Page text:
Keywords 
Cogging Torque, Surface mounted PM, Multi phase, Finite Element Analysis 
INTRODUCTION 
The multiphase motors are gaining popularity due to its increased advantages over three phase motors [1],[2].
During the event of failure of one or more phases, the remaining healthy phases let the motor to operate properly with
multi phases [3]. For aerospace applications, high reliability and fault tolerance of the machine is strongly desired due
to the safety concerns. Five phase machines show a good compromise between the reduction of the power per phase
and the increased complexity of the power electronics linked to a high number of phases [4]. 
Different rotor configurations are available for PMBLDC motor namely surface mounted PM design with interior or
exterior rotor, interior PM design with buried magnets etc. as in [5], each having specific strengths and weaknesses.
Among these the radialflux, surface mounted type is commonly used for its simplicity for manufacturing. A five
phase, radialflux, surface mounted permanent magnet BLDC motor was selected for the analysis due to its wide scope
applications. The factors affecting the design and its considerations can be seen in section II. The motor design is
broadly explained in section III. Finite Element Method using COMSOL Multiphysics is used as the analysis tool. 
DESIGN CONSIDERATIONS 
For the design of a motor various factors have to be taken into consideration. The permanent magnet in the PM
BLDC motor allows greater ease in manufacturing of the motor. Surface mounted permanent magnets [6] can provide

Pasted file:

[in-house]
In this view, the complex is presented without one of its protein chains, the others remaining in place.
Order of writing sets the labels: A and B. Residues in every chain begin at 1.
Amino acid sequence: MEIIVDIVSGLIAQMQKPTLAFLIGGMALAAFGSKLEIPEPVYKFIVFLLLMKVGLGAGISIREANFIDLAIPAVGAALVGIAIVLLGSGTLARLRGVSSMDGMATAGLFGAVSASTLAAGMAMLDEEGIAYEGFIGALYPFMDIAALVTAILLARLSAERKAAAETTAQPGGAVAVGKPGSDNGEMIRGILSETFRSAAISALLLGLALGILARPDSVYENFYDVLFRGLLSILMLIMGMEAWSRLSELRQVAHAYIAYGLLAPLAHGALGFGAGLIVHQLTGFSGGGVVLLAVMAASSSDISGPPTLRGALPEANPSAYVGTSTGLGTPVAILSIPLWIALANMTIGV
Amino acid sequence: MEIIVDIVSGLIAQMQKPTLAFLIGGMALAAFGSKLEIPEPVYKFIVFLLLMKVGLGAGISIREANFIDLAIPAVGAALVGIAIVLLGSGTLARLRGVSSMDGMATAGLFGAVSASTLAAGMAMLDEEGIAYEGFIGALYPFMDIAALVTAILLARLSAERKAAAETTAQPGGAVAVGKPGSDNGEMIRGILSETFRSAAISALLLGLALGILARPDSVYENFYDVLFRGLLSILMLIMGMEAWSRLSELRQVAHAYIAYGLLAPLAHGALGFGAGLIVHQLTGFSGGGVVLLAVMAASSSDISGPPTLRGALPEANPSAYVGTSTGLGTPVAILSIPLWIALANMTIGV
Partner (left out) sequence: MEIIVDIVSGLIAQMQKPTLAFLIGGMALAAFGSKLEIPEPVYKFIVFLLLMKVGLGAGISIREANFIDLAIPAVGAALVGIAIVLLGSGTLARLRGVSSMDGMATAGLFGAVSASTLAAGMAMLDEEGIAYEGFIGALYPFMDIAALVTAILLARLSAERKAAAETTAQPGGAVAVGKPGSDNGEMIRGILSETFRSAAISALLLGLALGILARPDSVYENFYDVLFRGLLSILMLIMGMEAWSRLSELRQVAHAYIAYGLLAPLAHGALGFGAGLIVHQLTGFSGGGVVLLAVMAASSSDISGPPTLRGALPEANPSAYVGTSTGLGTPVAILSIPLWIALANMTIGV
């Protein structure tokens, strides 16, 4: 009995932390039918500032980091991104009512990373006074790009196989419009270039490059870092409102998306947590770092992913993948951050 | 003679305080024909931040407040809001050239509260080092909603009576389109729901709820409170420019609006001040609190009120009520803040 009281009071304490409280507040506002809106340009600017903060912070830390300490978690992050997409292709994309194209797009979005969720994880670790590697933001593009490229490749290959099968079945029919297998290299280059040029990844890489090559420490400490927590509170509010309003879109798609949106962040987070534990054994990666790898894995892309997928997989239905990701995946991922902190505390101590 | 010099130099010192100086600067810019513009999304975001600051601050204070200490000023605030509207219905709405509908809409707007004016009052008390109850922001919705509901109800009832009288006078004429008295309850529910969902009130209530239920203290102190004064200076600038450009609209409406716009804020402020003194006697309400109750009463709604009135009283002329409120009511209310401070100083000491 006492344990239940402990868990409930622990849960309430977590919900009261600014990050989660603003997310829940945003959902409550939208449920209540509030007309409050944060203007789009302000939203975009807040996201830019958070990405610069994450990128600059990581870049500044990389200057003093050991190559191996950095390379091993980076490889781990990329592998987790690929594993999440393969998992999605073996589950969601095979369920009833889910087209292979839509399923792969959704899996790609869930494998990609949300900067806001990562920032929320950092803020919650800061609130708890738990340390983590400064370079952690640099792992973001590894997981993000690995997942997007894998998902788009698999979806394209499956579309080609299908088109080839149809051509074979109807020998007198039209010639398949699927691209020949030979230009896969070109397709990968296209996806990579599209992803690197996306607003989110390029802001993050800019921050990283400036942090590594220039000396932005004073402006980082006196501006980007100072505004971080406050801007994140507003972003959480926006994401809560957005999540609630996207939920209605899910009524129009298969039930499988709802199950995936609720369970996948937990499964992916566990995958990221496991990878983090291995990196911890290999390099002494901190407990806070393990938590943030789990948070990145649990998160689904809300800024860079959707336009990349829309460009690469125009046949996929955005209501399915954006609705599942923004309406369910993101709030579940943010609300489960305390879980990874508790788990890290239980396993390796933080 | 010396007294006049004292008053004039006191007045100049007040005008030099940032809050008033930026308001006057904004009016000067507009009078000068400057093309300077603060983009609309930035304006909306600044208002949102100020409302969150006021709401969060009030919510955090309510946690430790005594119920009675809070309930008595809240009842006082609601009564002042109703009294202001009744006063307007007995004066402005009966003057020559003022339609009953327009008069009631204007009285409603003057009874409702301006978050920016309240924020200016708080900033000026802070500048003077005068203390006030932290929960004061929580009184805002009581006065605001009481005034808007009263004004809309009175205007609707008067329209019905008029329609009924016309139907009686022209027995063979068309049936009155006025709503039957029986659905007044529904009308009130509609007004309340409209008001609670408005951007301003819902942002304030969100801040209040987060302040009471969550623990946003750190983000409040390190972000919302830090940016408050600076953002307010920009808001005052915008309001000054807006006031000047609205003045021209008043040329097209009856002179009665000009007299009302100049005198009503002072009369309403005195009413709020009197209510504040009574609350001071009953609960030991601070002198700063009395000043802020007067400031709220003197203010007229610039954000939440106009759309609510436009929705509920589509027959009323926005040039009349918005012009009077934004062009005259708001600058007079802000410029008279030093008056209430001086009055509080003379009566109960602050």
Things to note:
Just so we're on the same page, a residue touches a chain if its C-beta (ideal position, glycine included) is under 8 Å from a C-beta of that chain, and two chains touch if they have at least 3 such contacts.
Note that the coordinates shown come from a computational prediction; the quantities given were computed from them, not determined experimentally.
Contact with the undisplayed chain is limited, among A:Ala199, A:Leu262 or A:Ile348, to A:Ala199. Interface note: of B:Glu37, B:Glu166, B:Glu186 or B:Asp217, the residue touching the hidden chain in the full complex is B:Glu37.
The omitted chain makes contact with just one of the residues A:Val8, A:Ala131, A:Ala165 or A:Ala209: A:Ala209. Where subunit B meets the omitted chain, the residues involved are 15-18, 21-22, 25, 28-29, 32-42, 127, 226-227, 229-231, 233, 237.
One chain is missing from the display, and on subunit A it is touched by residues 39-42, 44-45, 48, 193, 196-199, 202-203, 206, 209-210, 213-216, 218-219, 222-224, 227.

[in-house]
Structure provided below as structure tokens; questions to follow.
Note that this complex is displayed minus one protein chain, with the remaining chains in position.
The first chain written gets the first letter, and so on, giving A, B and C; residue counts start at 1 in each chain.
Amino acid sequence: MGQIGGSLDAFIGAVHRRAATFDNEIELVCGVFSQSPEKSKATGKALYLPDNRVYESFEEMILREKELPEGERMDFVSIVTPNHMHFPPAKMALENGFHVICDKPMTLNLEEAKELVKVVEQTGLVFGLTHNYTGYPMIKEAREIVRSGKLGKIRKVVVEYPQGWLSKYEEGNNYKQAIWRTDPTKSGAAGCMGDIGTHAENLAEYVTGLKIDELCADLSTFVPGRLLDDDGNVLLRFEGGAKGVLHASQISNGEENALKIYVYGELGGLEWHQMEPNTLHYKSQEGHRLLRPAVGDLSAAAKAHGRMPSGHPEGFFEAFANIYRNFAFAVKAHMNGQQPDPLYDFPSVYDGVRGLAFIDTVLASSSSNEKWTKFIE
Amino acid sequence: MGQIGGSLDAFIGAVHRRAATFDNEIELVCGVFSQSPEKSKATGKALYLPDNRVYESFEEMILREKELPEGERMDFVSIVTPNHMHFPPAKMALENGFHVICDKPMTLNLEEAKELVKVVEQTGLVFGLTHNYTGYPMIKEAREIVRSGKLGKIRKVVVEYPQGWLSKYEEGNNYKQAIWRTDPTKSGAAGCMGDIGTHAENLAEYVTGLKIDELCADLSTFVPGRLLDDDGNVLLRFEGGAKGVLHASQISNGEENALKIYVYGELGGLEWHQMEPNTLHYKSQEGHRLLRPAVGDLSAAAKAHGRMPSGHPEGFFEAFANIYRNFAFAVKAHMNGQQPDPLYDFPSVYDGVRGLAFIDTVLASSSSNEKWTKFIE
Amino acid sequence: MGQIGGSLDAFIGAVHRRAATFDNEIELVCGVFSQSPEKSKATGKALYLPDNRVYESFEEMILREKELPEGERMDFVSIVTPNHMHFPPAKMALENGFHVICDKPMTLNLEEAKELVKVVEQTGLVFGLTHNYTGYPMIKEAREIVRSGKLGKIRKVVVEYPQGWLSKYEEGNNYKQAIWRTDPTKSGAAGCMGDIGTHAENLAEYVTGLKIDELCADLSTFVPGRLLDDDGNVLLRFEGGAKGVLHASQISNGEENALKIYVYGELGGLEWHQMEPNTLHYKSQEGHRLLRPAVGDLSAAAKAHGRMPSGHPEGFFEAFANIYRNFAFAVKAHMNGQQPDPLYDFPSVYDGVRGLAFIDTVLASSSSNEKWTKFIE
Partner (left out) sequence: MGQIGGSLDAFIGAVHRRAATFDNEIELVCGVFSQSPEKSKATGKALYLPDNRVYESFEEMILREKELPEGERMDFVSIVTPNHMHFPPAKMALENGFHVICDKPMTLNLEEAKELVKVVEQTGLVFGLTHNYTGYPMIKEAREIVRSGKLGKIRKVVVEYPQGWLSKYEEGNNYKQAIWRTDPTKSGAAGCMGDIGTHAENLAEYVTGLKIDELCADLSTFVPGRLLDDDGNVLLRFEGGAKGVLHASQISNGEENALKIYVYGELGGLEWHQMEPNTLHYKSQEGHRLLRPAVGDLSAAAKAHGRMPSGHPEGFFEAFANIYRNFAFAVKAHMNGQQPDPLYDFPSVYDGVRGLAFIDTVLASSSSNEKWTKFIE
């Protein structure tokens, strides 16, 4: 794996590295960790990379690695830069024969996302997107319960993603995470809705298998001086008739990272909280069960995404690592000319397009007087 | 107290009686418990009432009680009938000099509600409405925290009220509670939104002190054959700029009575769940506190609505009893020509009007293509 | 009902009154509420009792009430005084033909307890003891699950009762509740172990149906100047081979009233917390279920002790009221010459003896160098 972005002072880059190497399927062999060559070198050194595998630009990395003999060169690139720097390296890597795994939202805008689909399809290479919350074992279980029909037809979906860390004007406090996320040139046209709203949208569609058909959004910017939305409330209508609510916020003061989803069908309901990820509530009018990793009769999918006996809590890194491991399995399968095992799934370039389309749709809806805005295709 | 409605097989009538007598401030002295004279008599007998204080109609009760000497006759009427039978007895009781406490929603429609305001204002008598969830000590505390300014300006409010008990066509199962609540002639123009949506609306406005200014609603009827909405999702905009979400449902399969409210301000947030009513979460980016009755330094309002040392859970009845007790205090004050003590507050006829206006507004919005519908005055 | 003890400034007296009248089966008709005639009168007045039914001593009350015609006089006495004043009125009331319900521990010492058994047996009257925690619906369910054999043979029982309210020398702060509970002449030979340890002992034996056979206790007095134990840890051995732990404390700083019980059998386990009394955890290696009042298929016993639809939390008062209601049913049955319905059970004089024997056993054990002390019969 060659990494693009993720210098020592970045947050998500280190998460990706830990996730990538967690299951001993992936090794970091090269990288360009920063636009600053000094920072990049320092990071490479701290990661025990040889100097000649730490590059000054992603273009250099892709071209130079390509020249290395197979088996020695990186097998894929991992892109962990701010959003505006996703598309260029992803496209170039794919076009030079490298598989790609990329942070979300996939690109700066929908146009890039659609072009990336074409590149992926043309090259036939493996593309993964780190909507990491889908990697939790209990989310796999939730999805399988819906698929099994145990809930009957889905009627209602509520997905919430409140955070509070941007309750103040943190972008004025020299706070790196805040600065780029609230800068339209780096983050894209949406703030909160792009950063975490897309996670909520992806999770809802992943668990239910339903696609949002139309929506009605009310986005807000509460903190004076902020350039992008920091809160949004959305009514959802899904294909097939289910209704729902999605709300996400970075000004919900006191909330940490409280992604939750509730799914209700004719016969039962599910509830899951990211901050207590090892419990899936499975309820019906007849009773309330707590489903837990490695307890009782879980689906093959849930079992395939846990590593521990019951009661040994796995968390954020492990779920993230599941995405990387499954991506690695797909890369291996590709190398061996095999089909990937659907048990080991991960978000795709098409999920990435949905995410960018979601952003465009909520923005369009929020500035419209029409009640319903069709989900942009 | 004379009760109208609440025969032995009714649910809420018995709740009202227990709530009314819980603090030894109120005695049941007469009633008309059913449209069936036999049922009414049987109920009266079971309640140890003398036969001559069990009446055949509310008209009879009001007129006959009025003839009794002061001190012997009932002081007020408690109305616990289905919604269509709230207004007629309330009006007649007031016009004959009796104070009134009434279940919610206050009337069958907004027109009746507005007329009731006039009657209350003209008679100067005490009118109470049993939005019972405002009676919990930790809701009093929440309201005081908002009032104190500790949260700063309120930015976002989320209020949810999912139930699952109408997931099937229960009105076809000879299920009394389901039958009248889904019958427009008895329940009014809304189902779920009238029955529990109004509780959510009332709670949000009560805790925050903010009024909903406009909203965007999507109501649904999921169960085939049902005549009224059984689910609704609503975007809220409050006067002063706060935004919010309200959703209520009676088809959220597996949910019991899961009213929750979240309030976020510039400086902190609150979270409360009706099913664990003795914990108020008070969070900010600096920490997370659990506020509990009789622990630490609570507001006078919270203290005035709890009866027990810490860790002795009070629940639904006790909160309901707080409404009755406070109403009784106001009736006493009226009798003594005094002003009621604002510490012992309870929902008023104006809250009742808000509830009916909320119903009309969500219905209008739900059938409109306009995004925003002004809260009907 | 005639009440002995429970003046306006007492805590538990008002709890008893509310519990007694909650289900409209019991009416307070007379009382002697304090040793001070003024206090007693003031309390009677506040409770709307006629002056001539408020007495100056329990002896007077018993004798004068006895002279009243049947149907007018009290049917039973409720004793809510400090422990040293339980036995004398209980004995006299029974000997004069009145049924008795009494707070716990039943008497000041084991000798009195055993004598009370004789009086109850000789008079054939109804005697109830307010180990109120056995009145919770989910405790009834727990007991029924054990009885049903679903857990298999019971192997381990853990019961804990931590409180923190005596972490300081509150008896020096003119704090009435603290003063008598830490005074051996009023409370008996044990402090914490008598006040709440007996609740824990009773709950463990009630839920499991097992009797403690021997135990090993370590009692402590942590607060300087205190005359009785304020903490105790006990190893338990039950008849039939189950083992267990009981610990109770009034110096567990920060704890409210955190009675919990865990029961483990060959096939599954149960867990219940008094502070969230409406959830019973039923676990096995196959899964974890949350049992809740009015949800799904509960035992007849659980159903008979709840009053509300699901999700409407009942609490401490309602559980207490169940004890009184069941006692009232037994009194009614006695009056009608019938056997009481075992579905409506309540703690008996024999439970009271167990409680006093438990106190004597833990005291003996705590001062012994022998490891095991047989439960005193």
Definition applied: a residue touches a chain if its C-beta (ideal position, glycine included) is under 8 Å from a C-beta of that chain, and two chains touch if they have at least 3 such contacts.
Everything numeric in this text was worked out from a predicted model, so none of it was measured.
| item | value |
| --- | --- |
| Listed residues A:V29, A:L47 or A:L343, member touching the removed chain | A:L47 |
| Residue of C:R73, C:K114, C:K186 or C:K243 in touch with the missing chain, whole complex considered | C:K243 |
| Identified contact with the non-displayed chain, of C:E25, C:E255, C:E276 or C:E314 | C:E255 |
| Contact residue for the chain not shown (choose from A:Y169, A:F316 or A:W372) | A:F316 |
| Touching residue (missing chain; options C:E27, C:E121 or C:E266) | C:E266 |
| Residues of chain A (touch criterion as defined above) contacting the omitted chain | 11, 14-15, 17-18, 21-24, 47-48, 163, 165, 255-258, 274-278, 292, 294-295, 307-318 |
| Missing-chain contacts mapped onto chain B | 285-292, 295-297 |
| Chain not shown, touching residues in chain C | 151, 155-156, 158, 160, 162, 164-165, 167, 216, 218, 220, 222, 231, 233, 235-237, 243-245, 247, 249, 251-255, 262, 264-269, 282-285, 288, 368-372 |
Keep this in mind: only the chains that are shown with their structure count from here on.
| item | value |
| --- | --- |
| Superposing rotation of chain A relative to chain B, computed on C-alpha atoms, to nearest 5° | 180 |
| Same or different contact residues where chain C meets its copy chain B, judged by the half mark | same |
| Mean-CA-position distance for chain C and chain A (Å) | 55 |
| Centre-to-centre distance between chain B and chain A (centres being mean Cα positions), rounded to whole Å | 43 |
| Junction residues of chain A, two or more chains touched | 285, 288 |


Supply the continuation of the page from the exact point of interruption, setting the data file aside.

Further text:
the greatest magnetic field because nothing is blocking the field path. 
A. Selection of magnets 
The rare earth magnets having high coercive force, high remnant flux density, low permeability, overload capacity,
high energy product and virtually no aging are preferred for torque motors. To reduce the size of the motor and
considering the operating environments, SmCo5 magnets have been selected with the highest energy density, saturation
flux density, thermal capability and coercive force. 
B. Selection of air gap 
Smaller the air gap, higher the torque of the motor and also the efficiency, provided the material parts are not
saturated. Here the air gap length is chosen as 0.6 mm. 
C. Selection of number of magnets and slot: 
Different magnet and slot combination are available for same motor. Fractional slot winding is chosen in order to
reduce ripple and cogging torque which is mostly common in torque motors. Larger number of magnet increases the
core losses for the same speed. As an optimum value 10 poles was found suitable for this particular air gap diameter.
Also 33 slots have been chosen in order to have enough width for the teeth so that it does not get saturated. 
MOTOR DESIGN 
From the design considerations [7] as given in section II the motor has been designed with the following
specifications as in table I. The technical specifications are listed in table II. 


A. Dimensions of Magnet: 
The length and width of the magnet is chosen as 20 mm and 10.3 mm respectively. 

B. Number of turns per phase: 
The motor model is as shown in fig.1(a) which shows the slots in the stator and the permanent magnets on the rotor.
The torque equation for a poly phase motor is given by T. J. E Miller as in equation 2. 

Where Nph– 1 is the number of phases conducting simultaneously, Bgis the magnetic flux density at the air gap (0.8T), i
is the current amplitude (A), L is the active motor length, r is the rotor radius, Ntnumber of turns per phase, Kw is the